The International Atomic Energy Agency (IAEA), the United Nations nuclear watchdog entrusted with monitoring Iran’s nuclear program, has shown itself “unwilling or unable” to act against Iran using information provided by the Mossad, Geostrategy-Direct reported Tuesday.

Israeli Prime Minister Benjamin Netanyahu revealed in April that his country’s intelligence agency had obtained large amounts of material proving Iran was working toward a nuclear weapon.

In his September address to the U.N. General Assembly, Netanyahu repeated some of the Mossad’s findings and urged the IAEA to “go and inspect this atomic warehouse immediately” before Iran cleaned it out. Netanyahu later called out the IAEA for failing to do so.

The head of the group, Yukiya Amano rejected Netanyahu’s demands, issuing a statement that, “In line with established safeguards practices, all information obtained, including from third parties, is subject to rigorous review and assessed together with other available information to arrive at an independent assessment based on the Agency’s own expertise.”

Geostrategy-Direct notes that this isn’t the first time the nuclear watchdog has ignored Israeli demands to hold Iran’s feet to the fire over its nuclear activity.
Still much unknown

New images and data published by the Institute for Science and International Security (ISIS) in Washington indicate that Iran’s military nuclear program is much further along than previously thought.

According to the newly published information, Iran had set up labs and pressure rooms in a military base in Parchin near Tehran and had conducted experiments there on the explosion chain, a necessary stage in the process of assembling nuclear weapons.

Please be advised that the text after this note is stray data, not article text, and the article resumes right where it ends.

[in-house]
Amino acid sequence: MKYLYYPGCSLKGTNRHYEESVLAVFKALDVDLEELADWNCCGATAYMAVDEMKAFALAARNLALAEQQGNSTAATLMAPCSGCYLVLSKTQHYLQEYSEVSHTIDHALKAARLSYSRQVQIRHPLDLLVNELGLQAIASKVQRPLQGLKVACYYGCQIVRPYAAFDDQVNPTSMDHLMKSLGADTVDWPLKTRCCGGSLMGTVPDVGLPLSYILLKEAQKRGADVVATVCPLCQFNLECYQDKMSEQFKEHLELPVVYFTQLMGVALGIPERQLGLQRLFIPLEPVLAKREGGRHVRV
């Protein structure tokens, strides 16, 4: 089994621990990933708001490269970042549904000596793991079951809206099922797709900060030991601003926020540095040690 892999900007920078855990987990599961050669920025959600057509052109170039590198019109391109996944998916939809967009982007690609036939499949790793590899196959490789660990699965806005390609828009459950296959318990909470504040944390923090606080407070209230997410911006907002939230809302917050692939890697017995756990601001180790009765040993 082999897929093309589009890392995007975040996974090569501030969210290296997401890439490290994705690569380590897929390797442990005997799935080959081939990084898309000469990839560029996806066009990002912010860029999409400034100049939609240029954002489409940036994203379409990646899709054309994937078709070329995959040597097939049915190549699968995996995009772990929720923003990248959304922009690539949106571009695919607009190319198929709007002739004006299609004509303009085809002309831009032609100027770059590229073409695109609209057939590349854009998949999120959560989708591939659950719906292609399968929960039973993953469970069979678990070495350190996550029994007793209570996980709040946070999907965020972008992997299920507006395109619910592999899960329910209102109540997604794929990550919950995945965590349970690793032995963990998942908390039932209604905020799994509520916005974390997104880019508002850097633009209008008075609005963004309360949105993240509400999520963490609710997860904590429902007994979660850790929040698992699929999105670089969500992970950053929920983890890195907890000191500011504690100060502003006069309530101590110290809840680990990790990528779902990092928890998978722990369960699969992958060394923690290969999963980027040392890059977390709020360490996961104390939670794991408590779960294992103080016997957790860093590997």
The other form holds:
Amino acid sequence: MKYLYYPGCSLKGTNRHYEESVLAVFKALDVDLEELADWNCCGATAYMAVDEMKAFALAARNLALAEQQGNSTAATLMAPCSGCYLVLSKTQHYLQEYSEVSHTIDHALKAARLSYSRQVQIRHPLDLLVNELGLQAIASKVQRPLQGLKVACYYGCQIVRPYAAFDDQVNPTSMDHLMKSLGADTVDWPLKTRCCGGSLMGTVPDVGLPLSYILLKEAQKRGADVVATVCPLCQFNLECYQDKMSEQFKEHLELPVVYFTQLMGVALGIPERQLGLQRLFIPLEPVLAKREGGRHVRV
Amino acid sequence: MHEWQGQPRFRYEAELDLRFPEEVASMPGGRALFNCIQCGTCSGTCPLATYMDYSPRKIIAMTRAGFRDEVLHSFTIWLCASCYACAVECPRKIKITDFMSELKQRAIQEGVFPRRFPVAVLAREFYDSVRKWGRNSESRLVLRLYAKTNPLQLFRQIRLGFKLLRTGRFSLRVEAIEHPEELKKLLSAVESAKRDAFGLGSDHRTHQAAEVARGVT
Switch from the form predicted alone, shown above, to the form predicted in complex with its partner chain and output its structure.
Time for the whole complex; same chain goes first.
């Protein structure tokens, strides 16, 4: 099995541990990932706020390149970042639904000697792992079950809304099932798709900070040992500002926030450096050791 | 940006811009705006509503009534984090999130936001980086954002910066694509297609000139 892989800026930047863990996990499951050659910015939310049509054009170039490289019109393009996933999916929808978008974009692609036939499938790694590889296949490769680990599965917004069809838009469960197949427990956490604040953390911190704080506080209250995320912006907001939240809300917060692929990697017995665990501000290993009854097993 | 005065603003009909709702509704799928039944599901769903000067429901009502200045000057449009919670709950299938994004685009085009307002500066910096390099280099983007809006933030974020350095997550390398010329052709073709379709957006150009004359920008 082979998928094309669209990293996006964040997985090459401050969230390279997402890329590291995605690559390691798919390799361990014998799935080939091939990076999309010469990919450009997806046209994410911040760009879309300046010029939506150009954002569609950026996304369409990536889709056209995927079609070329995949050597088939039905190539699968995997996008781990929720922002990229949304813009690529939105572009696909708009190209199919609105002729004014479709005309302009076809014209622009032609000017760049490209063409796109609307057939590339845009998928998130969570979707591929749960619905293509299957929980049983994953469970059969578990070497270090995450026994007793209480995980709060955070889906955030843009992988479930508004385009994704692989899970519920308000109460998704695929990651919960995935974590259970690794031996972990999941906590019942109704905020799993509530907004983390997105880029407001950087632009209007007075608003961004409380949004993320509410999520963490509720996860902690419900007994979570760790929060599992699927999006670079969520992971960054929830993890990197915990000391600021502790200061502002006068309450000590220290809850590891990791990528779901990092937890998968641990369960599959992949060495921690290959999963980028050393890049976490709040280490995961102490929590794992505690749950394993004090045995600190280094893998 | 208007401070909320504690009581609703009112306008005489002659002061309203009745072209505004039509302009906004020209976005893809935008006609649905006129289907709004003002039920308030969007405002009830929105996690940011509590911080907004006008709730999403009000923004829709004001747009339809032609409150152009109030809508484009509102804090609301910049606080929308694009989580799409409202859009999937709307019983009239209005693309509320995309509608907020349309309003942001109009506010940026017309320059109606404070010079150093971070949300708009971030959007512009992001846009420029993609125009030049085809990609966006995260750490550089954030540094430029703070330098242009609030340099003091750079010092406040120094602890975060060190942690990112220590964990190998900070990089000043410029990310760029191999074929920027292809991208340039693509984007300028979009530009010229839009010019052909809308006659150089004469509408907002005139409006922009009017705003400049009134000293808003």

In an analysis of the final IAEA report on the past military dimensions of Iran’s nuclear program, David Albright, president of the nonpartisan institute, said that, “Iran did not provide the IAEA with anywhere near a full declaration about its past nuclear weapons related activities, and it did not provide the kind of transparency and cooperation required for the IAEA to conclude its investigation.”

“There is a lot that we don’t know about Iran’s nuclear program. There is a lot we will be unable to know because the deal has too many holes, and the IAEA is unable – or unwilling – to address them,” Joshua S. Block, CEO and president of The Israel Project, wrote for The Hill on Oct. 18.

“The gaps in the IAEA’s knowledge – of Iran’s past nuclear work, of its military sites, of items mentioned in Section T of the nuclear deal, and of the nuclear sites discovered by Israeli intelligence – raise questions about the full extent of Iran’s nuclear program,” Block added.

“This effectively meant the nuclear watchdog was unable to explain in full Iran’s nuclear weapons activities, including verification that Iran’s nuclear program had been completely dismantled,” he wrote.

Source » worldisraelnews